The industry has agreed on a four-year wage deal, which was effective from January 2017. Hourly wage increases of 2% in 2017, 2.5% in 2018, 2.75% in 2019 and 3% in 2020. Introduction of new mileage allowance and rate to replace travel allowance and travel time. Annual holidays to increase to 23 days in 2019 and 24 days in 2020. For more information on agreement, refer to the electricals’ and unite wage agreement document – July 2016.
Building and Allied Trades Joint Industry Council
As the second part of a two-year agreement reached in 2016, this year will see a further 2.5% pay rise in all wage rates. Changes to employer pension contribution mean the minimum employer contribution prior to 5 April 2017 under pension’s auto-enrolment rules is 1% of pensionable pay between £5,824 and £42,385. From 6 April 2017 until 5 April 2019 this minimum employer contribution rises to 2%. From 6 April 2019 onwards it rises to 3%.
The Joint Industry Board for Plumbing, Mechanical Engineering Services in England and Wales
This is the second phase of the agreement completed in 2015. Rates for workers in JIB-PMES increased by 2% effective from 2 January 2017.
Scottish and Northern Ireland Joint Industry Board for the Plumbing Industry
The SNIJIB reached a two-year wage deal effective from 3 July 2017. An hourly wage increase of 2% in 2017 and 2018 respectively was agreed. For more information, refer to SNIJIB wage agreement document – July 2017.
The BATJIC rates of wages effective from 26 June 2017 are:
|Standard rates of pay for 39 hours per week||Per week||Per hour|
|Adult general operative||£359.97||£9.23|
|For entrants aged 19 years and over|
|Third 12 months with NVQ2||£383.37||£9.83|
|Third 12 months without NVQ||£333.84||£8.56|
|Apprentices under 19 years of age|
|18 years of age with NVQ2||£315.51||£8.09|
|18 years of age without NVQ2||£333.84||£8.56|
WAGE AGREEMENT SUMMARY
The following table summarises the wage agreements currently in force for the principal wage fixing bodies within the construction industry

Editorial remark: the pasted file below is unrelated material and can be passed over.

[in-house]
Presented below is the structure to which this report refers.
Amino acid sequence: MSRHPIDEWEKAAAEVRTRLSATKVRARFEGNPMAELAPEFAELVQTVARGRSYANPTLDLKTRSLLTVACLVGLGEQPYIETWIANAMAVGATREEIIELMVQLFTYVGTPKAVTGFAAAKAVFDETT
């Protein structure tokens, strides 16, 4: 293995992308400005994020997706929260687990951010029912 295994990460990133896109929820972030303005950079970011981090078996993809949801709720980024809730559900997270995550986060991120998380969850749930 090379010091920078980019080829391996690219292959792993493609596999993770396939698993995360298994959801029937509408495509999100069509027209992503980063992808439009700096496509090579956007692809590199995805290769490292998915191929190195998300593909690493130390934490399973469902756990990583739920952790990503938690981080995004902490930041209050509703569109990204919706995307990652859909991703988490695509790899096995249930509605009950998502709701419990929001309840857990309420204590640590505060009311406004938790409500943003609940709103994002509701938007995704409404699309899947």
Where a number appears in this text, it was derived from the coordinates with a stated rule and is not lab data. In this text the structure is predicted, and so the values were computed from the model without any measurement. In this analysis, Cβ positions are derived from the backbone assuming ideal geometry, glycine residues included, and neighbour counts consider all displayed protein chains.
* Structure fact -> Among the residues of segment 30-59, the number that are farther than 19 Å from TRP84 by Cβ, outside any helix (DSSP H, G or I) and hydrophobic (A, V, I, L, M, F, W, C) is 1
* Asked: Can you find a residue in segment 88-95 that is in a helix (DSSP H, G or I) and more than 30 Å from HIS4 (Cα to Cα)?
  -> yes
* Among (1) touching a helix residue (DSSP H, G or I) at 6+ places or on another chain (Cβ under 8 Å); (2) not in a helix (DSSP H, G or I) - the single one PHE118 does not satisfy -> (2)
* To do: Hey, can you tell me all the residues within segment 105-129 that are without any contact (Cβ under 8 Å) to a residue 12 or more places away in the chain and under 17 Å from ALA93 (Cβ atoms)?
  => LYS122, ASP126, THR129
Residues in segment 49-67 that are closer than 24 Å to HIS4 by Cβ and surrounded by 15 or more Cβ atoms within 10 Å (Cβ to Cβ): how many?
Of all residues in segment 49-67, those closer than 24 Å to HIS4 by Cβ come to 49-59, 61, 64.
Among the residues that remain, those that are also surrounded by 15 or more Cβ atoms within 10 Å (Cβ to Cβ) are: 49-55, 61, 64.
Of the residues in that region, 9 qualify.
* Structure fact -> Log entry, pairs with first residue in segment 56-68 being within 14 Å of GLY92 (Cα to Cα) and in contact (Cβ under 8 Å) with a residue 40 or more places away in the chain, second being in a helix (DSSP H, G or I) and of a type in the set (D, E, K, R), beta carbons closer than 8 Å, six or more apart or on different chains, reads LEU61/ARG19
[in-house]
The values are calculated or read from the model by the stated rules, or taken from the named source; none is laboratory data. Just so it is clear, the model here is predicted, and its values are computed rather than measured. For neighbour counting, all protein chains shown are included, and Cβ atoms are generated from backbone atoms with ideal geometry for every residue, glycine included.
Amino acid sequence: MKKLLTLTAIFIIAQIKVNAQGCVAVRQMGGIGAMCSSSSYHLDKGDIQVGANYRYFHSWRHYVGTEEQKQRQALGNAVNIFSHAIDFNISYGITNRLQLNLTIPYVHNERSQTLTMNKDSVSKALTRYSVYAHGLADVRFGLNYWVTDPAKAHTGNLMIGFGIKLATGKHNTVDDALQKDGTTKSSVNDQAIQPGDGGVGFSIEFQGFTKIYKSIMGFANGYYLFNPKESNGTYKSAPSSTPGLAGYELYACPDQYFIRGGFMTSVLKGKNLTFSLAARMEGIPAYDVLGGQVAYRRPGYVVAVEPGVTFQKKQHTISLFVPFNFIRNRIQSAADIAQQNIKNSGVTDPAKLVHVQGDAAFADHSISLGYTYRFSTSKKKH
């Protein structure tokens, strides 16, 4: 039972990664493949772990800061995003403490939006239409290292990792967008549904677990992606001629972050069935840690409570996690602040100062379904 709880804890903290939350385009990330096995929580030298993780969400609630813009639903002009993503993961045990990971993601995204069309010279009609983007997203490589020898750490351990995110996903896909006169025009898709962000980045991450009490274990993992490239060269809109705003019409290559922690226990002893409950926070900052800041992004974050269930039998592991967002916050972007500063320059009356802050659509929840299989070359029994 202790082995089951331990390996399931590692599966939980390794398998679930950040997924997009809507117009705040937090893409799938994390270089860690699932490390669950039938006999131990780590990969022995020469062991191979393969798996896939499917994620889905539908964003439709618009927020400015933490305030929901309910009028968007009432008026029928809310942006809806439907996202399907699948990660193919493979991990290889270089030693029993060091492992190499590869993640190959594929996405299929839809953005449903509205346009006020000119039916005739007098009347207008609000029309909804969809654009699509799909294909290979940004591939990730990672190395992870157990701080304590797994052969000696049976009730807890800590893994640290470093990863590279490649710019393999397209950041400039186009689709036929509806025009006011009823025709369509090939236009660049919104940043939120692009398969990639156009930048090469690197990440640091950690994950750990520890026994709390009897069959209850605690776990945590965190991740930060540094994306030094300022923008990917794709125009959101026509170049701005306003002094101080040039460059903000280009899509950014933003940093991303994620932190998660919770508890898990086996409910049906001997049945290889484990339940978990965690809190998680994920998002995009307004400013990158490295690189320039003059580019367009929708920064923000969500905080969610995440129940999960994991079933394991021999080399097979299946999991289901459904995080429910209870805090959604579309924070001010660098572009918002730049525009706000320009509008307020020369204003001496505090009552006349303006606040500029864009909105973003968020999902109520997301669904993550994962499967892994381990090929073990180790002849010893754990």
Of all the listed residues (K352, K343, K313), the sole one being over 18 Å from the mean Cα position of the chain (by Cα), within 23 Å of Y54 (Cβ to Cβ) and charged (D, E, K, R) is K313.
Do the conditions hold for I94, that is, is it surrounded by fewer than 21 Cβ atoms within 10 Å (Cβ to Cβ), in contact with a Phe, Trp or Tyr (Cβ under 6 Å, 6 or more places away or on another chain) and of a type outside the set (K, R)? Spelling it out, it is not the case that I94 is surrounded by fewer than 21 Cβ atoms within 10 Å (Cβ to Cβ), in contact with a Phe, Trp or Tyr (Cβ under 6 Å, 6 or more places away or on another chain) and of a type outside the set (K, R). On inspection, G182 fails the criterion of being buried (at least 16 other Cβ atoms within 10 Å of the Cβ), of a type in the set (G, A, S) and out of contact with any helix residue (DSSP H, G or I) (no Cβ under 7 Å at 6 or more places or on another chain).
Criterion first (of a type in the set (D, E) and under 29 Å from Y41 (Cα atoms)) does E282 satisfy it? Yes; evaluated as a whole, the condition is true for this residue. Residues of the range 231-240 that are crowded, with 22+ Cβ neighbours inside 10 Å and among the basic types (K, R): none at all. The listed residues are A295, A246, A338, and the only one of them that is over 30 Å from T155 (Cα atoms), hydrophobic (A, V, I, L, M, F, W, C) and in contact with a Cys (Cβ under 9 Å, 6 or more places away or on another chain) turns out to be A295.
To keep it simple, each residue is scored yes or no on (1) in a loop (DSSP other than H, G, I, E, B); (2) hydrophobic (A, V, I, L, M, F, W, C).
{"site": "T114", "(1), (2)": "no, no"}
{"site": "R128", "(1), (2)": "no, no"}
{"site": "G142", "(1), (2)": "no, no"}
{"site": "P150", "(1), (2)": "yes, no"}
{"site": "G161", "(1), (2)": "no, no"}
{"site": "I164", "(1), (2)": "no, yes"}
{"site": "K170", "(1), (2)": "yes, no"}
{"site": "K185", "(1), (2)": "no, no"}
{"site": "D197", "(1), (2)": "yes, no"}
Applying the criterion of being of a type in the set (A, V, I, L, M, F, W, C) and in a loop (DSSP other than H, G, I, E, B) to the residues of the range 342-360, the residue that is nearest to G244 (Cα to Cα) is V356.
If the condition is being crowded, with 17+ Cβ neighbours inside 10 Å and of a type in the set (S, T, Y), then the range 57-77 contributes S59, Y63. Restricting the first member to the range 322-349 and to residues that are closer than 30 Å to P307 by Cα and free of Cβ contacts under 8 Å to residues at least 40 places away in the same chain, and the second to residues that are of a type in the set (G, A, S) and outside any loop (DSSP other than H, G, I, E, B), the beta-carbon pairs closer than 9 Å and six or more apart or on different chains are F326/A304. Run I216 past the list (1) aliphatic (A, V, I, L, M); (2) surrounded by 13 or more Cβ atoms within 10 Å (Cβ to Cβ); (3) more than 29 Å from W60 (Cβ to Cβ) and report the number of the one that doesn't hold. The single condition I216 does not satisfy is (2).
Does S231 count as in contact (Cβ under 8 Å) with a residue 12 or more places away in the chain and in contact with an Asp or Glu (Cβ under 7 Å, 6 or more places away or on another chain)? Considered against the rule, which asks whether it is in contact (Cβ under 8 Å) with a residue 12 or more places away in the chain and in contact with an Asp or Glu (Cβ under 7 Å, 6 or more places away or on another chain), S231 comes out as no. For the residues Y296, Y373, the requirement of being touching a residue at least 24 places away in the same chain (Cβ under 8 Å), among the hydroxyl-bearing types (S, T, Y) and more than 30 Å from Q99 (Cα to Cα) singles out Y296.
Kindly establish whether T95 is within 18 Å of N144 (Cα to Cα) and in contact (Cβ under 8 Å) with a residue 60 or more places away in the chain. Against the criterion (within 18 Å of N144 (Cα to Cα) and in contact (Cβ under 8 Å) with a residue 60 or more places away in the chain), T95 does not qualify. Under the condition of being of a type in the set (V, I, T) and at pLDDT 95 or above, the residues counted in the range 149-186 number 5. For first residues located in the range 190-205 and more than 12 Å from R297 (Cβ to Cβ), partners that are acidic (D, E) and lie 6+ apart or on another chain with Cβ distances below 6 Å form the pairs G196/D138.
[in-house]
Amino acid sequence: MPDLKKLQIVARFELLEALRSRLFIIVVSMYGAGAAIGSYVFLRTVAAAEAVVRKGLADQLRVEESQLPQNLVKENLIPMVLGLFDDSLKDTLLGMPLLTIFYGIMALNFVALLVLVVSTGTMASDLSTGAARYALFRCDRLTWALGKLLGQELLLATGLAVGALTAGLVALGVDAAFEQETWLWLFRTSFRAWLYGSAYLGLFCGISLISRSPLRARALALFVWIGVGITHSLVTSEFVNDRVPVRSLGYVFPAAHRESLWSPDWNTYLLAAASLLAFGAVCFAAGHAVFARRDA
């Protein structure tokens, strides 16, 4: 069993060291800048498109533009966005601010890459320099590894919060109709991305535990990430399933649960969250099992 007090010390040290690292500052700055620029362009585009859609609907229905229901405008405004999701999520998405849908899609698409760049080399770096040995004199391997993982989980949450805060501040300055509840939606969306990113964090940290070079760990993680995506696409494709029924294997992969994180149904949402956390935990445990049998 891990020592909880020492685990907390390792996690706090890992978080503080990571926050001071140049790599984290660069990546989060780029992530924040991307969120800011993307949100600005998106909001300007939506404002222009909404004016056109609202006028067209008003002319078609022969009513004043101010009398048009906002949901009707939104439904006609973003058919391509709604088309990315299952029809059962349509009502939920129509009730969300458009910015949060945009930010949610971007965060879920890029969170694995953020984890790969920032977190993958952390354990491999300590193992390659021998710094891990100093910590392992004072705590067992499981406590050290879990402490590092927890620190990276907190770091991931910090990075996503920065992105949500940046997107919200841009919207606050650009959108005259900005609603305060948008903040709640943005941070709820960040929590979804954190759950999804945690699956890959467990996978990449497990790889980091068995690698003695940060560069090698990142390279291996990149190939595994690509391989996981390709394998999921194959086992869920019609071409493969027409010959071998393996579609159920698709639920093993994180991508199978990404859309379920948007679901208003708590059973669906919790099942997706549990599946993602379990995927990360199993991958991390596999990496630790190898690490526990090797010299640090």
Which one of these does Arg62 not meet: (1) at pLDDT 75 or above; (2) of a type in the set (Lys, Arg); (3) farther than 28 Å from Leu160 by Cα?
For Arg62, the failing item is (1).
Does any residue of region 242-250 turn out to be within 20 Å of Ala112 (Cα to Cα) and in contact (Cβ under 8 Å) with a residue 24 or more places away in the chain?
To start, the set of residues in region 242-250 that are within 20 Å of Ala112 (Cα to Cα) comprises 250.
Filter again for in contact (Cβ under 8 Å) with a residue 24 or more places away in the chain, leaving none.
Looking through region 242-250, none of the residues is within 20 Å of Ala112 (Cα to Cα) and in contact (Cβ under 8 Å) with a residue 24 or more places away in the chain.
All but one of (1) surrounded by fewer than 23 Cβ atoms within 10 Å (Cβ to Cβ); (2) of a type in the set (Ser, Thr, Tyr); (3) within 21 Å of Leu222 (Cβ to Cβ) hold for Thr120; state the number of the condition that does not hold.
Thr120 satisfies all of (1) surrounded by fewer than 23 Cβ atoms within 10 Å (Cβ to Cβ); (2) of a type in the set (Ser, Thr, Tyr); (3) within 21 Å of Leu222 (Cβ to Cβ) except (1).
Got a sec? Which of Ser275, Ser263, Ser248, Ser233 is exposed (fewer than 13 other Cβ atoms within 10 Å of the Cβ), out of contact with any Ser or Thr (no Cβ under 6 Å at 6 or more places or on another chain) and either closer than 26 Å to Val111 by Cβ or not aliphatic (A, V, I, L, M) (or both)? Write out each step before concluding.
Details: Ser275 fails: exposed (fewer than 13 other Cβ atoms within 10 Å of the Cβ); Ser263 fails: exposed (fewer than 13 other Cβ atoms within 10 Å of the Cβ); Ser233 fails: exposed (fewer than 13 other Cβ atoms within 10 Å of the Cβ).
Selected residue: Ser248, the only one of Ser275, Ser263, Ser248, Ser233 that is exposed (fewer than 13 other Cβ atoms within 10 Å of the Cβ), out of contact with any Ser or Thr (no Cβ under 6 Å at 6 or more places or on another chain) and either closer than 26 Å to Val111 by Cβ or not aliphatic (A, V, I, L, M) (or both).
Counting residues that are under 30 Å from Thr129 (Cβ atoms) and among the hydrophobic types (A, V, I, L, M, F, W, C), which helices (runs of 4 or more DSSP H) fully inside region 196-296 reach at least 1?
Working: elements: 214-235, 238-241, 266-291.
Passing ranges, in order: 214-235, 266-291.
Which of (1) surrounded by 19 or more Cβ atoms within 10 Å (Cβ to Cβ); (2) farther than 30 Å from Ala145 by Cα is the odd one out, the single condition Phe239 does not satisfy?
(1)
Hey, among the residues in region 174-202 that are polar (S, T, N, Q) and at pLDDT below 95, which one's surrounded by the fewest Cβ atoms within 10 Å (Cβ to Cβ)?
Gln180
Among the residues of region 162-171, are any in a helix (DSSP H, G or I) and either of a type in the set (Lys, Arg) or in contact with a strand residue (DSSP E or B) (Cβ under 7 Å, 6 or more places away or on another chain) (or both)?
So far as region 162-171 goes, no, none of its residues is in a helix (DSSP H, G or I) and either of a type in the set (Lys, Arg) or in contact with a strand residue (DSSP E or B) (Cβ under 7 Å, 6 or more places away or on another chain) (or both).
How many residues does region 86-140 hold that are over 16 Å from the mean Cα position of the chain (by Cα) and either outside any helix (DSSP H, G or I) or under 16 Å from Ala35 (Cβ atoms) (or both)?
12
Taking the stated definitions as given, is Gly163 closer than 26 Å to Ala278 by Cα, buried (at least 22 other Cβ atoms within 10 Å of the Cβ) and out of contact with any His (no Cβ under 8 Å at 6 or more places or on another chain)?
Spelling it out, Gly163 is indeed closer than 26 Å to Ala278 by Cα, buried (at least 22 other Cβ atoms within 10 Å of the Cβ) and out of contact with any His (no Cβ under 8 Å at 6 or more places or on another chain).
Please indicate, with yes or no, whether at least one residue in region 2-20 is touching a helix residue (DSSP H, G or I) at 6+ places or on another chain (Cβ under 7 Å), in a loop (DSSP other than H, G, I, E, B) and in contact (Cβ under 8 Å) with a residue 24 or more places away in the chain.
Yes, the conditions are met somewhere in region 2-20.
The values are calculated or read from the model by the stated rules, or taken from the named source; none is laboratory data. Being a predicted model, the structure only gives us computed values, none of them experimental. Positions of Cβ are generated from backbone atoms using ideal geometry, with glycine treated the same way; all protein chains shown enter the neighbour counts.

|Operatives||Agreement body||Current basic hourly rate||Effective since||Details in||Date of next review|
|Builders and civil engineering operatives||Construction Industry Joint Council||Craft rate: £11.93/hour||26 June 2017||Spon’s Architects’ and Builders’ Price Book 2018||June 2018|
|Building and Allied Trades Joint Industrial Council (BATJIC)||S/NVQ3 advanced craft: £12.08/hour||26 June 2017||Spon’s Architects’ and Builders’ Price Book 2018||June 2018|
|Plumbers||The Joint Industry Board for Plumbing Mechanical Engineering Services in England and Wales||Advanced plumber: £14.70/hour||2 January 2017||Spon’s Architects’ and Builders’ Price Book 2018||January 2018|
|Scottish and Northern Ireland Joint Industry Board for the Plumbing Industry||Advanced plumber: £13.95/hour||3 July 2017||Spon’s Architects’ and Builders’ Price Book 2018||July 2019|
|H&V operatives||Joint Conciliation Committee of the Heating, Ventilation and Domestic Engineering Industry||Craftsman: £12.46/hour||2 October 2016||Joint Conciliation Comittee of the Heating, Ventilation and Domestic Engineering Industry||A two-year agreement. Next review end of 2017 for October 2018 and 2019|
|Electricians (national)||The Joint Industry Board for the Electrical Contracting Industry||Approved electrician: £15.92/hour (own transport)||2 January 2017||JIB for the Electrical Contracting Industry||A four-year agreement. Next review 2021|
|Scottish Joint Industry Board for the Electrical Contracting Industry||Approved electrician: £15.92/hour (own transport)||2 January 2017||SJIB for the Electrical Contracting Industry||A four-year agreement. Next review 2021|
Guide to data
Aecom’s cost indices track movements in the input costs of construction work in various sectors, incorporating national wage agreements and changes in materials prices as measured by government index series.
They are intended to provide an underlying indication of price changes and differential movements in the various work sectors but do not reflect changes in market conditions affecting profit and overheads provisions, site wage rates, bonuses or materials’ price discounts/premiums. Market conditions and commentary are outlined in Aecom’s quarterly Market Forecast (last published November 2017).